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Will Crowdfunding Create the Next Martha Stewart?

NEW YORK (TheStreet) -- A single mother of three, Charanya Young is on a mission.

She is already accomplishing her short term goal of refurbishing furniture for displaced families so that temporary shelters feel more like a loving, nurturing home. Her long-term goal is to become the next Nate Berkus or Martha Stewart. For The Great Unwashed out there like me who still use abandoned milk crates as a bed stand, Nate Berkus is Oprah's favorite designer whose line is carried by Target (TGT) and HSN, Inc. (HSNI). Macy's (M) and JC Penney (JCP) have Martha Stewart's line.

To reach the level where her brand allows her to be found in those retail giants, Charanya Young is turning to "crowdfunding."

Crowdfunding is when entities and entrepreneurs around the world like Ms. Young pitch to others for financing over the Internet or at events like The One Spark Festival, which 260,000 attended last month in Jacksonville. She was at One Spark crowdfunding for her organization, The H.O.M.E. Project (Home Organizational and Maintenance Enterprise). Through crowdfunding, much can be done to ease income inequality. Rarely does a financial force like crowdfunding evolve at a time when it can do so much to relieve a global social crisis like income inequality.

TheStreet's attention and Charanya Young's actions are testament to the potential of crowdfunding to do much to relieve the ill effects of income inequality.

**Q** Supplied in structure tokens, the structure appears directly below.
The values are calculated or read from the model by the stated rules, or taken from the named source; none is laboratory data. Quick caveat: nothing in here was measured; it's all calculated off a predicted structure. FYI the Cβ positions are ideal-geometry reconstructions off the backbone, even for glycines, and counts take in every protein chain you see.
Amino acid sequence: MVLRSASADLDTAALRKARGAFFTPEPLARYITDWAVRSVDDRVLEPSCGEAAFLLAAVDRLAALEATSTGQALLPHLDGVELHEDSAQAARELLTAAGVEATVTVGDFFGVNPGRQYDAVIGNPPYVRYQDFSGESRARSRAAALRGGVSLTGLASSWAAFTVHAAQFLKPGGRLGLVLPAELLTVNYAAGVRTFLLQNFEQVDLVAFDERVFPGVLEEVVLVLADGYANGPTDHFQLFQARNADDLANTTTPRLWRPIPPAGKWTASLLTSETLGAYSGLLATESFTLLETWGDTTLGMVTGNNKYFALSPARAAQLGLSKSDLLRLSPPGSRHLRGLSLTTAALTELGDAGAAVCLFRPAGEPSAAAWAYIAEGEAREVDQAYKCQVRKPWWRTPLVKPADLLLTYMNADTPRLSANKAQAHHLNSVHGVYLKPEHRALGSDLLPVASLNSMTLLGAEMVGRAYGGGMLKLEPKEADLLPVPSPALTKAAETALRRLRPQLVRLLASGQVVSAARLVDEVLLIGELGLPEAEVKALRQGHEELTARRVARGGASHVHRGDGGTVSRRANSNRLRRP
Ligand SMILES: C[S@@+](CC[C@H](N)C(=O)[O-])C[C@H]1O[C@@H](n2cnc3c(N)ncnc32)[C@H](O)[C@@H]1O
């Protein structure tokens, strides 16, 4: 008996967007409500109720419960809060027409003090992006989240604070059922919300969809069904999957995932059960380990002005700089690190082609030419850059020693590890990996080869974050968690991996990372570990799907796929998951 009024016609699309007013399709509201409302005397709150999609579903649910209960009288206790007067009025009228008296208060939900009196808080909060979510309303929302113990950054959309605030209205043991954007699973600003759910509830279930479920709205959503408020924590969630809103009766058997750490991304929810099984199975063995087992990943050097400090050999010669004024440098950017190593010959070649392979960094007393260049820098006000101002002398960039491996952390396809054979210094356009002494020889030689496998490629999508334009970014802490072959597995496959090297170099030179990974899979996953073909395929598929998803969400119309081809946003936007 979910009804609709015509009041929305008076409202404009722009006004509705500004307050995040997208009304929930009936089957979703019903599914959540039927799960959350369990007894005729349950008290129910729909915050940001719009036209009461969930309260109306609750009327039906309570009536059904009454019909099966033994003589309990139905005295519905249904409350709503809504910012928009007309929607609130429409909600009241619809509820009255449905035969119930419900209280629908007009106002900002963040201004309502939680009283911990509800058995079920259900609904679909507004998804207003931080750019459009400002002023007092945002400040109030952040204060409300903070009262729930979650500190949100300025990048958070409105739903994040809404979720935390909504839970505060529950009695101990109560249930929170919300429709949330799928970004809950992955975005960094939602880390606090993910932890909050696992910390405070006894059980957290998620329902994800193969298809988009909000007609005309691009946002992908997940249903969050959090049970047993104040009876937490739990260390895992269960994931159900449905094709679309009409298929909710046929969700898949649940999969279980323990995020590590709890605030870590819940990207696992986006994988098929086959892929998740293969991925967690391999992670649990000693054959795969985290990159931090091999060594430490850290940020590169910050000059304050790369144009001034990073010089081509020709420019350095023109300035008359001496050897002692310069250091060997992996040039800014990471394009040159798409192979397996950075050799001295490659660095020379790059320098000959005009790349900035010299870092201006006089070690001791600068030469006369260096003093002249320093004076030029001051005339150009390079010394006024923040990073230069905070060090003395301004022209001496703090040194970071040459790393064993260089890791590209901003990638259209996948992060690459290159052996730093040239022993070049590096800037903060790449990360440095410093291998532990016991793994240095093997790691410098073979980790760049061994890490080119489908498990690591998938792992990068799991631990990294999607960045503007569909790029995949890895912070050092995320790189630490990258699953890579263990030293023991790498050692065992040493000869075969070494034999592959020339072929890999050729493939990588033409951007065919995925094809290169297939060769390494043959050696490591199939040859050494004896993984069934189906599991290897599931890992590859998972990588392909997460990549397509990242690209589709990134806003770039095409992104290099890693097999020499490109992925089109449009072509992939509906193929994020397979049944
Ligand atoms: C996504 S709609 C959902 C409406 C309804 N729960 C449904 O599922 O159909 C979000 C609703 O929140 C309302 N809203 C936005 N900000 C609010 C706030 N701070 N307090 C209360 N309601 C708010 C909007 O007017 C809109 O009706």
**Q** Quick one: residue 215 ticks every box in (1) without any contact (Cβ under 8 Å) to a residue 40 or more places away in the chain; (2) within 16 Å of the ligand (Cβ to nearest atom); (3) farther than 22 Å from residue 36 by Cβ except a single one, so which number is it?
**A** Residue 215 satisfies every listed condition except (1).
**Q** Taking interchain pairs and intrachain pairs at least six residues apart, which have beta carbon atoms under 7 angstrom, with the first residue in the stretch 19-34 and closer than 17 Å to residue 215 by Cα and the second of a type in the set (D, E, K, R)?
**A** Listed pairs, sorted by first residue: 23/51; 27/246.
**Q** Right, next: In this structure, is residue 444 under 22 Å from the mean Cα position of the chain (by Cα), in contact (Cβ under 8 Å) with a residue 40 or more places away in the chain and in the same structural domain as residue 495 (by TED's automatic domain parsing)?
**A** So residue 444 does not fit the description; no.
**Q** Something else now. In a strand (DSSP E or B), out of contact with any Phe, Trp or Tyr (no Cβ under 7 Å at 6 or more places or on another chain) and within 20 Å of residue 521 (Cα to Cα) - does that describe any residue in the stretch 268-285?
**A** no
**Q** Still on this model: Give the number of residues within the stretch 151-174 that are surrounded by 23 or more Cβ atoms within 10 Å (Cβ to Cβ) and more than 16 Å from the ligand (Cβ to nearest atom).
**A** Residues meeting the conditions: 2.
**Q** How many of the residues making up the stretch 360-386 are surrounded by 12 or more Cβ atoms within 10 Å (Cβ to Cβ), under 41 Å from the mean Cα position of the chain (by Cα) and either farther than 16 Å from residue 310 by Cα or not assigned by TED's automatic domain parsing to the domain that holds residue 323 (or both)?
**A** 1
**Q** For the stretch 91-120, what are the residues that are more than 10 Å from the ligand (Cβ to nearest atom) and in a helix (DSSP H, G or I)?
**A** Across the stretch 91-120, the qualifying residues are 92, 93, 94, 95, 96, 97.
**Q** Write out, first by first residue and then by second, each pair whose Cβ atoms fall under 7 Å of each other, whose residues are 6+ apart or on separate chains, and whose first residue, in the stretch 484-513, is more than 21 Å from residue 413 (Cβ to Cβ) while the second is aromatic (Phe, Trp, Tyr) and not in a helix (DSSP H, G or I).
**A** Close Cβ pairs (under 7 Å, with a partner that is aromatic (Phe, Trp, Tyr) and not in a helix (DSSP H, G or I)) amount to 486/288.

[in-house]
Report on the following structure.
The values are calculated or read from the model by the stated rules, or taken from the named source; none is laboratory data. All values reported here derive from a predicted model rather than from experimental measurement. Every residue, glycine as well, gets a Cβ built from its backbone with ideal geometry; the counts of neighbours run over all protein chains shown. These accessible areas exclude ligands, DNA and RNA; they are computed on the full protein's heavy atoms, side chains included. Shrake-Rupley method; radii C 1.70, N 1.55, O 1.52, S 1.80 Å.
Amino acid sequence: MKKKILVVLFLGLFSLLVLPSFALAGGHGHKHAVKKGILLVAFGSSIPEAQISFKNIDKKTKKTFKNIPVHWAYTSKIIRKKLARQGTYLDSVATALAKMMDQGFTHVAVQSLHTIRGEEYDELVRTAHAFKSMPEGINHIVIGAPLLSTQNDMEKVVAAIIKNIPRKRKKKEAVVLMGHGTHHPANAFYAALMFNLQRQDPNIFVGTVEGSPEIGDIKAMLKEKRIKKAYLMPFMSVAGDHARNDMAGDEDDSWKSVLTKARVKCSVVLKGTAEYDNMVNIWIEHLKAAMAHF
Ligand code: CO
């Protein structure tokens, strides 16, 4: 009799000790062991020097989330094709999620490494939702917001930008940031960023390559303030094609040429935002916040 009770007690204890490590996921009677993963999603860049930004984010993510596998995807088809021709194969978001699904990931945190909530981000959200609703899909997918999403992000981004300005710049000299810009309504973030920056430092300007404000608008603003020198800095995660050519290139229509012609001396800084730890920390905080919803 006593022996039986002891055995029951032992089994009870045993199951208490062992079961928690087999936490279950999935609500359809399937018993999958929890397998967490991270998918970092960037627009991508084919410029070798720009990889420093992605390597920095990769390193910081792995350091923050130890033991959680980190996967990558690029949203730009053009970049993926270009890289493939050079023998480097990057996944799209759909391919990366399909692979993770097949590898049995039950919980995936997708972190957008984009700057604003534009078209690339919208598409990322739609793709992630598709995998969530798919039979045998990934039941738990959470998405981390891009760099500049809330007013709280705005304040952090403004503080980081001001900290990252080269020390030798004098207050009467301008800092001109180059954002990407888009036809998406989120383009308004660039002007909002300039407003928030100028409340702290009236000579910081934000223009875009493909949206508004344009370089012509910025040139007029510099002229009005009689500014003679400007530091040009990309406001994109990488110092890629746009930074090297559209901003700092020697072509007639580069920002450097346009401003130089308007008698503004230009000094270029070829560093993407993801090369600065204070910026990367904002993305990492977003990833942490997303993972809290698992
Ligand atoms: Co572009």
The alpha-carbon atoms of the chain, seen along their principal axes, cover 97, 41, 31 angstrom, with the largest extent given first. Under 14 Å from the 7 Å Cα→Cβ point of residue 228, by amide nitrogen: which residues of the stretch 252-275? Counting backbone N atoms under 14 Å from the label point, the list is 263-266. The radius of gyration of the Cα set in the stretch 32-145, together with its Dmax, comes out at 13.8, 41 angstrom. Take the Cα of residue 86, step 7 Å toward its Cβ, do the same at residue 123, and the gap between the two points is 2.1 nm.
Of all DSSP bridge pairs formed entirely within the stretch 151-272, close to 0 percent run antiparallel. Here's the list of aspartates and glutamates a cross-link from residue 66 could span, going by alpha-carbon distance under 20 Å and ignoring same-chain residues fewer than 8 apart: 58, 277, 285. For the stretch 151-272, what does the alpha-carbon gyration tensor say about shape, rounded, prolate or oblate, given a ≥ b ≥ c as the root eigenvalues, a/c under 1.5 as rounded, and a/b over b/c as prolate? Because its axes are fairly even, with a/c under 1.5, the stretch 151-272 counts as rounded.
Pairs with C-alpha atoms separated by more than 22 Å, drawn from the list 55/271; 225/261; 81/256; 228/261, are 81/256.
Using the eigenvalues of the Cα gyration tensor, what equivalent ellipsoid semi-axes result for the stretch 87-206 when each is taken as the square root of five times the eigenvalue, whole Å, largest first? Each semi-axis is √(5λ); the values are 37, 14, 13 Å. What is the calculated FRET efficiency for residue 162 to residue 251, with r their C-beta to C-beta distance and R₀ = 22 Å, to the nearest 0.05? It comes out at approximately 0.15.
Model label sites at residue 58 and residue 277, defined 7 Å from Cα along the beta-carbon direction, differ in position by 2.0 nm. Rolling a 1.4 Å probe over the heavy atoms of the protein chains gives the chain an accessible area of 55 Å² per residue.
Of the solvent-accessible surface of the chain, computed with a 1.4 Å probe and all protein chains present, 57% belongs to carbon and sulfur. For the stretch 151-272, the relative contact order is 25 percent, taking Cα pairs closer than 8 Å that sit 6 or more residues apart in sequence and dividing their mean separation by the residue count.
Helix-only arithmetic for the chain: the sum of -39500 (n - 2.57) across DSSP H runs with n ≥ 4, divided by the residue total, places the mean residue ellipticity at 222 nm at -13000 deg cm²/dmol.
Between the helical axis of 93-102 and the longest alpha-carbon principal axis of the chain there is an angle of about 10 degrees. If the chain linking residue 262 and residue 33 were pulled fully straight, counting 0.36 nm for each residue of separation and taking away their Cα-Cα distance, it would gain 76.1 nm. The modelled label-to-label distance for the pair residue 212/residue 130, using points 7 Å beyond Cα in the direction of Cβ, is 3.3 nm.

Young's goal is to, "help families rebuild the home environment that was lost in a transitional period in their life." Towards that, she takes unwanted furniture and brings it back to its previous glory. She attributes her children, ages 17, 16 and 12, as her motivation declaring that, "My kids inspired me to do this so that I can inspire them in life."

So far, her experience at One Spark is emboldening others to move forward and seek funding for their project.

At her One Spark booth, Young was visited by many family members and friends. "There was a definite 'wow' factor when they came to see me at One Spark," she members. "As a result of what they saw, some of them said that they are now inspired to seek crowdfunding for their own projects." Spreading the good word at her church excited even more about the possibilities of crowdfunding.

Like so many others, Young found the great value of One Spark to be in the contacts made and the feedback received from the market.

Even events like One Spark, as successful as it was, are not needed for crowd funding to do its work in easing income inequality. The free computer at the local public library is more than enough to get started. As Dom Einhorn, founder of Born2Invest, a crowdfunding platform stated about this, "Crowdfunding could ultimately become the 'great equalizer' since every entrepreneur, regardless of income status, merely needs an Internet connection and some creativity in order to raise funds for their venture."

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At the time of publication, the author held no positions in any of the stocks mentioned.

This article represents the opinion of a contributor and not necessarily that of TheStreet or its editorial staff.

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